We all know that relative or friend who always finds something around the house that needs to be cleaned, mopped or vacuumed; be it the kitchen, bathroom, hall, room or car. The reason this person needs to constantly do something may stem from the fact that he or she may be suffering from a condition known as obsessive-compulsive disorder or OCD in short.
Why do some people suffer from OCD?
OCD sufferers do try to ignore or stop their obsessive behavior, but many find this only increases their stress and they feel compelled to do repetitive actions to ease their stress, often ending up with the repetitive actions turning into rituals.
An OCD sufferer may see germs everywhere – on counter tops, on the tv, on the floor, etc. To ease up on fears of contamination and getting sick, an OCD sufferer must keep washing his or her hands and objects around them, to the extend of the hands becoming very dry and sore.
Another OCD sufferer may think the stove has been left turned on (obsession), and constantly goes back (compulsion) to check and make sure it is turned off. Another sufferer may have to arrange and rearrange food items in a certain order.
Obsessions and compulsions become combined in OCD behavior, leading to a desire to do the same actions repeatedly.
Significant anxiety also plays a part in OCD, as sufferers may feel stressed when they are in situations which they cannot control.
OCD obsessions are persistent and unwanted thoughts or urges which repeatedly intrude into a sufferer’s mind, causing the person to become anxious or distressed. To get ignore or rid of such thoughts, the OCD sufferer performs a compulsive (or repetitive) behavior. These obsessions have been found to interrupt you when you are trying to sort out other things in your mind.
Obsessions are normally linked to certain themes like:
- Fear of dirt or contamination. Many OCD sufferers dislike shaking hands, touching or sharing objects that others have touched.
- Self-doubting thoughts. Constantly focusing on “I can’t do this”. “Have I left the stove on or off”, or “did I lock or unlock the door?”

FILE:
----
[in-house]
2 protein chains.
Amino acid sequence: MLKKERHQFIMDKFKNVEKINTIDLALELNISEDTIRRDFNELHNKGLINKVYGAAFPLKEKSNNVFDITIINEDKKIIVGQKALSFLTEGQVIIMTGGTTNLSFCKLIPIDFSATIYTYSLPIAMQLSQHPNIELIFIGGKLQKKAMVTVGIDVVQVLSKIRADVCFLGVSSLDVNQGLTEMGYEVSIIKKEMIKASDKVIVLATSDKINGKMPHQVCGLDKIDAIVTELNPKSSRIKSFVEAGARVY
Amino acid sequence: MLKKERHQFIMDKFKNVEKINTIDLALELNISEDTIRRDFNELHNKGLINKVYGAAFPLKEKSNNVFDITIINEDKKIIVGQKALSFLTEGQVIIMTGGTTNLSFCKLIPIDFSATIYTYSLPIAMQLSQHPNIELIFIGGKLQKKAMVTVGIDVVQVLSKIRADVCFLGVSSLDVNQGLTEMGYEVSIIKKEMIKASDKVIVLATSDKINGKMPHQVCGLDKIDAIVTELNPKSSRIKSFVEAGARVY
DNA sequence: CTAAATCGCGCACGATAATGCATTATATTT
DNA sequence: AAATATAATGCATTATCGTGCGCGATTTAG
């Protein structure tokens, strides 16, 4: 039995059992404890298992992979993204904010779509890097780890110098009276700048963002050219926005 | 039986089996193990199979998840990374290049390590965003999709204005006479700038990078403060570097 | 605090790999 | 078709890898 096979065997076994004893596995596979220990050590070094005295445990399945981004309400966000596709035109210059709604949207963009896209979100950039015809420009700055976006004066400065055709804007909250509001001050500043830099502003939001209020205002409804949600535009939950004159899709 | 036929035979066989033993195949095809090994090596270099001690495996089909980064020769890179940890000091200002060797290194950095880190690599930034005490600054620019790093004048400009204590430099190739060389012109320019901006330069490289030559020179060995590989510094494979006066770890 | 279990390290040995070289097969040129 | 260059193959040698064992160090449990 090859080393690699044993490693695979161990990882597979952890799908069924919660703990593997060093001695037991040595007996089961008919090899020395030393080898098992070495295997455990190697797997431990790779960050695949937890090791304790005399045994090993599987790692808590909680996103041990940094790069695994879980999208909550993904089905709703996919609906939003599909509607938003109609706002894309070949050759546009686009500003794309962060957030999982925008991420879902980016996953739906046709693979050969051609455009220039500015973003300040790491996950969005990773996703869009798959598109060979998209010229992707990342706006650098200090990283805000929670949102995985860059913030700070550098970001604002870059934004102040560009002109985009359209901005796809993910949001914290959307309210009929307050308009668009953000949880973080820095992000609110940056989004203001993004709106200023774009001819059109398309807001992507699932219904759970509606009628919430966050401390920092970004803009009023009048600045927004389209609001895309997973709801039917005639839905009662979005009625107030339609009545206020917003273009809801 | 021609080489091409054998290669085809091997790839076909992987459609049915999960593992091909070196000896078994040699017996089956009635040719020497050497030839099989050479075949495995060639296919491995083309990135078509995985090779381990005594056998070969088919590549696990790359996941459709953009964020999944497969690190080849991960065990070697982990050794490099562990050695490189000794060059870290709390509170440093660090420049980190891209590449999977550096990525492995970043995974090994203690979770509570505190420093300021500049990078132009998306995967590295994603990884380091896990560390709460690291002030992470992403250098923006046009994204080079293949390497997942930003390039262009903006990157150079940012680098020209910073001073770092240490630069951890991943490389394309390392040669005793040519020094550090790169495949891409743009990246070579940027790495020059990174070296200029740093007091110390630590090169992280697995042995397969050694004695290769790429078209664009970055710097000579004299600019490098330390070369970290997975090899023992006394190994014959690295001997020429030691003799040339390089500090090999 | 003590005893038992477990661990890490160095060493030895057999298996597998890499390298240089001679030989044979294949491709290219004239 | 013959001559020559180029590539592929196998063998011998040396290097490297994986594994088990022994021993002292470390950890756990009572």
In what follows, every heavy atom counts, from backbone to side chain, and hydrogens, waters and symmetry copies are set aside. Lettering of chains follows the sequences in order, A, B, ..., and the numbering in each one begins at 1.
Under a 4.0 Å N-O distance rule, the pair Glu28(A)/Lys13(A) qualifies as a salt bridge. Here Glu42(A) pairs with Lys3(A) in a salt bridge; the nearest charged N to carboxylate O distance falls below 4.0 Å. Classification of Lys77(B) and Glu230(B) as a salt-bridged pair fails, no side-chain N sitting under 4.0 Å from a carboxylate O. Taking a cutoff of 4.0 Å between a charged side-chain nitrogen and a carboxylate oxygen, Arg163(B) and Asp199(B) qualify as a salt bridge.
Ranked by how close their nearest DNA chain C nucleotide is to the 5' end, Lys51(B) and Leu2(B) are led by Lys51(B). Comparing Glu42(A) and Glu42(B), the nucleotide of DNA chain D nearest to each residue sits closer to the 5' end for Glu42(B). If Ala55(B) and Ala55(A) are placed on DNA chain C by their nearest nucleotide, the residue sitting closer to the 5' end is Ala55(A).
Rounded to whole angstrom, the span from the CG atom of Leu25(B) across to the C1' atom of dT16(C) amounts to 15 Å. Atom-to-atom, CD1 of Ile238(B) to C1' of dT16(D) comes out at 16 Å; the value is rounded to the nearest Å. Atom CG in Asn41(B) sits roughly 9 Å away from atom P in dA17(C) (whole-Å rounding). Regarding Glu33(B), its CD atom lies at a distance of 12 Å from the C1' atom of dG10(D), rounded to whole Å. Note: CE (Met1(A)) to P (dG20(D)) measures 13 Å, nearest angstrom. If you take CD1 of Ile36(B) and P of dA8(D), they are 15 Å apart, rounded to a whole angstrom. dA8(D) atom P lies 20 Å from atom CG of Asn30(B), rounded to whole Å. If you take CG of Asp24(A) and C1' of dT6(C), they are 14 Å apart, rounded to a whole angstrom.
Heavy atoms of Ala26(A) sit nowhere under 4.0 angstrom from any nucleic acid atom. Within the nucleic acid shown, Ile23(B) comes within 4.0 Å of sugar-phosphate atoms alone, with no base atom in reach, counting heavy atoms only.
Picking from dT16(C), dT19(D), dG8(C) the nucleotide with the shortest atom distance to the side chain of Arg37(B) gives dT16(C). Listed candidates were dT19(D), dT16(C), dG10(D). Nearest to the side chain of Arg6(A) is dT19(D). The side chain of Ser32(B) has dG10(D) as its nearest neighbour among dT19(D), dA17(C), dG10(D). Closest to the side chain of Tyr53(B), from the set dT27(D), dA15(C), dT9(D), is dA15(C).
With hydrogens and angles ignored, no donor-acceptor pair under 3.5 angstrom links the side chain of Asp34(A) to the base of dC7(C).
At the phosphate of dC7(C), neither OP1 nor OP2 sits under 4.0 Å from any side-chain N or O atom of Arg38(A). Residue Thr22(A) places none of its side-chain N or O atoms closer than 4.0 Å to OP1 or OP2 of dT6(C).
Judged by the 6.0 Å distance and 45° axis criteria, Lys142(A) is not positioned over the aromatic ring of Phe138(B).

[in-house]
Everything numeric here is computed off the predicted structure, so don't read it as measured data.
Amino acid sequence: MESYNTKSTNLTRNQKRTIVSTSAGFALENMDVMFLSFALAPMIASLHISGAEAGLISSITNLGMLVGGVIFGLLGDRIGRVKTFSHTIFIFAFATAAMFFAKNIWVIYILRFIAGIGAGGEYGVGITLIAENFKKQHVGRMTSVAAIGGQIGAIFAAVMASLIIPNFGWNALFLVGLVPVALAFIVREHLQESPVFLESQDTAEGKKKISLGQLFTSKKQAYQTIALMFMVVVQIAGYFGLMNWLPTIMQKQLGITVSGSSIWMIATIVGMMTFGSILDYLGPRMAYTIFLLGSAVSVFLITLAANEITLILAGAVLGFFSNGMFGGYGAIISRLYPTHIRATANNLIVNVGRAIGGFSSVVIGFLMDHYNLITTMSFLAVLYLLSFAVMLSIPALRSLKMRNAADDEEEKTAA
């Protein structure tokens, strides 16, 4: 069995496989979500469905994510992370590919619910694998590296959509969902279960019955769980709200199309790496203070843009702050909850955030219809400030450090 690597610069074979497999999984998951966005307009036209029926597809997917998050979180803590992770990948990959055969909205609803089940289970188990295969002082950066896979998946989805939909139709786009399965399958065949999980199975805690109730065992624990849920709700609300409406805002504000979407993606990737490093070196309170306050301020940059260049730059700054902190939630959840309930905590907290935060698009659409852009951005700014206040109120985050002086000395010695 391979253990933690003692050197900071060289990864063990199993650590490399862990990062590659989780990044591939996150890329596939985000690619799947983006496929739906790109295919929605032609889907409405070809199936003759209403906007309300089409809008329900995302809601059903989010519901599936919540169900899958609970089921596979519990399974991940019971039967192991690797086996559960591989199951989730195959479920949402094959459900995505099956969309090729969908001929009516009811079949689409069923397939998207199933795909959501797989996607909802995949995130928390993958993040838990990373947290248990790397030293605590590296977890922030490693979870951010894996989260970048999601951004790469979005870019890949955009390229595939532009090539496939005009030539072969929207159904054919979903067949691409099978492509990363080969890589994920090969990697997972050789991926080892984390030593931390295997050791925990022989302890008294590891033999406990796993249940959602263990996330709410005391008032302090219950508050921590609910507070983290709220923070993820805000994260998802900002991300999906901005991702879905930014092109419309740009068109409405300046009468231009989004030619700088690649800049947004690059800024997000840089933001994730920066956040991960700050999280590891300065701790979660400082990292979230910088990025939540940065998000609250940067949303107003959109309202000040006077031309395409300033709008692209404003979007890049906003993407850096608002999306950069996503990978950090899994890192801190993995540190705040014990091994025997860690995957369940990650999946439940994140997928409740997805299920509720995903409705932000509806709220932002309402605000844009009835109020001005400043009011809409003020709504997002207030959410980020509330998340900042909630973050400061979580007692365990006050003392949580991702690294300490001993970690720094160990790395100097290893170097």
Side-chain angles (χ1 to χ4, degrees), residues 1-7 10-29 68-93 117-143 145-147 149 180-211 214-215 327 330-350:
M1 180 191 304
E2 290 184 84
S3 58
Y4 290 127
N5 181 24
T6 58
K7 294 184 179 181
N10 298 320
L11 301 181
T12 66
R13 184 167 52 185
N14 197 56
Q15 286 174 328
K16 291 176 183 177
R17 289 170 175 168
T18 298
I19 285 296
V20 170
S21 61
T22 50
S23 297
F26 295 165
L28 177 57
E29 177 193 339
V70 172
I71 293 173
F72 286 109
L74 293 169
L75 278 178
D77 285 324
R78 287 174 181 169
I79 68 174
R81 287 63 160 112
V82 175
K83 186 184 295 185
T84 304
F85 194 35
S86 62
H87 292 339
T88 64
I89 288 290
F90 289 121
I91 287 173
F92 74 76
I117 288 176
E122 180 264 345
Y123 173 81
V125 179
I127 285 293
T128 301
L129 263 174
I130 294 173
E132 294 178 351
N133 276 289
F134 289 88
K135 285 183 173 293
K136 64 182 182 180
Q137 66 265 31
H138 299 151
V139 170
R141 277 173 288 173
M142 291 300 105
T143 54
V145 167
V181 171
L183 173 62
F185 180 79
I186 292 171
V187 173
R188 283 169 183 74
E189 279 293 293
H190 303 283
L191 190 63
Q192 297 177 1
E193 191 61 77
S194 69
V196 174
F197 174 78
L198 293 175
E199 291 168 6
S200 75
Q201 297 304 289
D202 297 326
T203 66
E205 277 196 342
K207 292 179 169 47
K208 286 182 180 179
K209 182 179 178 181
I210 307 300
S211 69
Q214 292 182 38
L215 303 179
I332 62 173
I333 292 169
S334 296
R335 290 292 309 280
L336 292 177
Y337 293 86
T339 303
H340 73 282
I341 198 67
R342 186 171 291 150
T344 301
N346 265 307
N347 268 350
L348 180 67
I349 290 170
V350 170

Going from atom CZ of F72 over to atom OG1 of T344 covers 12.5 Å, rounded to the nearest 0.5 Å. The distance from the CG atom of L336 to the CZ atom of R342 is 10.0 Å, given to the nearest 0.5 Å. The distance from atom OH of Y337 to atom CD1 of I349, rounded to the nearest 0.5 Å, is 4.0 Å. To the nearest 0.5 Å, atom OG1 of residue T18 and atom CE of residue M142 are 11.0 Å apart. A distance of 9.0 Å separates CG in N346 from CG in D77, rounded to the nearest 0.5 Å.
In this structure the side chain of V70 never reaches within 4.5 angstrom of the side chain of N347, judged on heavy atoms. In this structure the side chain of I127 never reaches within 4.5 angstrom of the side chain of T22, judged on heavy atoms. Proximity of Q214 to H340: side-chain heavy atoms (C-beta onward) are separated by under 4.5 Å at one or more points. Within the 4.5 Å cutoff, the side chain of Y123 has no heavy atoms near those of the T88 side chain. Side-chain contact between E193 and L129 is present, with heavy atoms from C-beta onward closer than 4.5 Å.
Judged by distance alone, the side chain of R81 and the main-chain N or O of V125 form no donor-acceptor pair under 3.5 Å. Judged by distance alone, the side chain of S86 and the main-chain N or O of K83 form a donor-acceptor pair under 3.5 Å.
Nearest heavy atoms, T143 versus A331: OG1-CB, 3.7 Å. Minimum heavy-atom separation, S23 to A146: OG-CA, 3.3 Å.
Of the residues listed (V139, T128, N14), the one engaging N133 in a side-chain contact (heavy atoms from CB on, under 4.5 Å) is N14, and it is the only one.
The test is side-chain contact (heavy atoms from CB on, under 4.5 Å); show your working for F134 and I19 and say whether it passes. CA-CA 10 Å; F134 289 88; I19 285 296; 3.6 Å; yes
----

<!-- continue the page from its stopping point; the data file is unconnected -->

- Aggressive, sexual or religious thoughts. Repetitive thoughts of sexual images flashing through the mind, causing self-harm or harming others.
- Thoughts about losing control, impending accidents, self-harm, harming others.
These are repetitive actions that must be done by OCD sufferers to reduce anxiety, or as a preventive measure. However, these actions only bring about temporary relief; not permanent relief, and hence have to be done repetitively.
Similar to obsessions, compulsions are typically connected to themes such as:
- Checking / counting. Constantly checking doors to ensure they are locked.
- Washing / cleaning. Washing hands until the skin turns dry or raw.
- Items placed in a certain order or direction.
- Strict routines. Silently repeating a mantra, prayer or verse.
- Constant reassurance. Constantly asking “if I am doing it right?”.
When does OCD happen?
OCD can start as early as in childhood, in teenagers or young adults. It is difficult to diagnose as symptoms gradually appear and the severity tends to vary over time. However, doctors have noticed symptoms do get worse when stress levels increase.
Why does OCD happen?
Medical science has found a few factors that may trigger OCD, some of which are:
- Family history, e.g., a family member with OCD can increase your risk of developing it.
- Stressful life events, e.g., death, illness, divorce, job loss, job change.
- Other mental health disorders, e.g., depression, anxiety, or substance abuse may be related to OCD.
When does OCD get complicated?
It may be time to seek medical advice and treatment when OCD sufferers display the following complications:
- Health issues, e.g., dermatitis from frequent hand washing.
- Difficulty socializing at work, home or at social activities, or disengaging from society.
- Hours spent in ritualistic behaviors.
- Self-harm or suicidal thoughts and behaviors.
Can OCD be prevented?
There is no prevention for OCD, but seeking early diagnosis and starting treatment as early as possible may help prevent a sufferer’s OCD from worsening.
Treatments for OCD
There are many treatments for OCD, ranging from medication, DBS (deep brain stimulation), TMS (transcranial magnetic stimulation), etc., and a doctor will be the correct person to advise which treatment is suitable for the individual.
Home treatments with the go-ahead from doctors, would involve:
- Sticking to a routine of your regular activities.
- Staying focused on your recovery goals.
- Joining a support group.
- Finding healthy hobbies and recreational activities.
- Sleeping well.
- Take up relaxation and stress management techniques.
We hope our readers find this information on OCD useful. Please note that all information given in this article should not be taken as medical advice. Readers are advised to consult a qualified medical practitioner for correct information and treatment of OCD, especially if they are on medication for current medical issues.
6th August 19:50 2020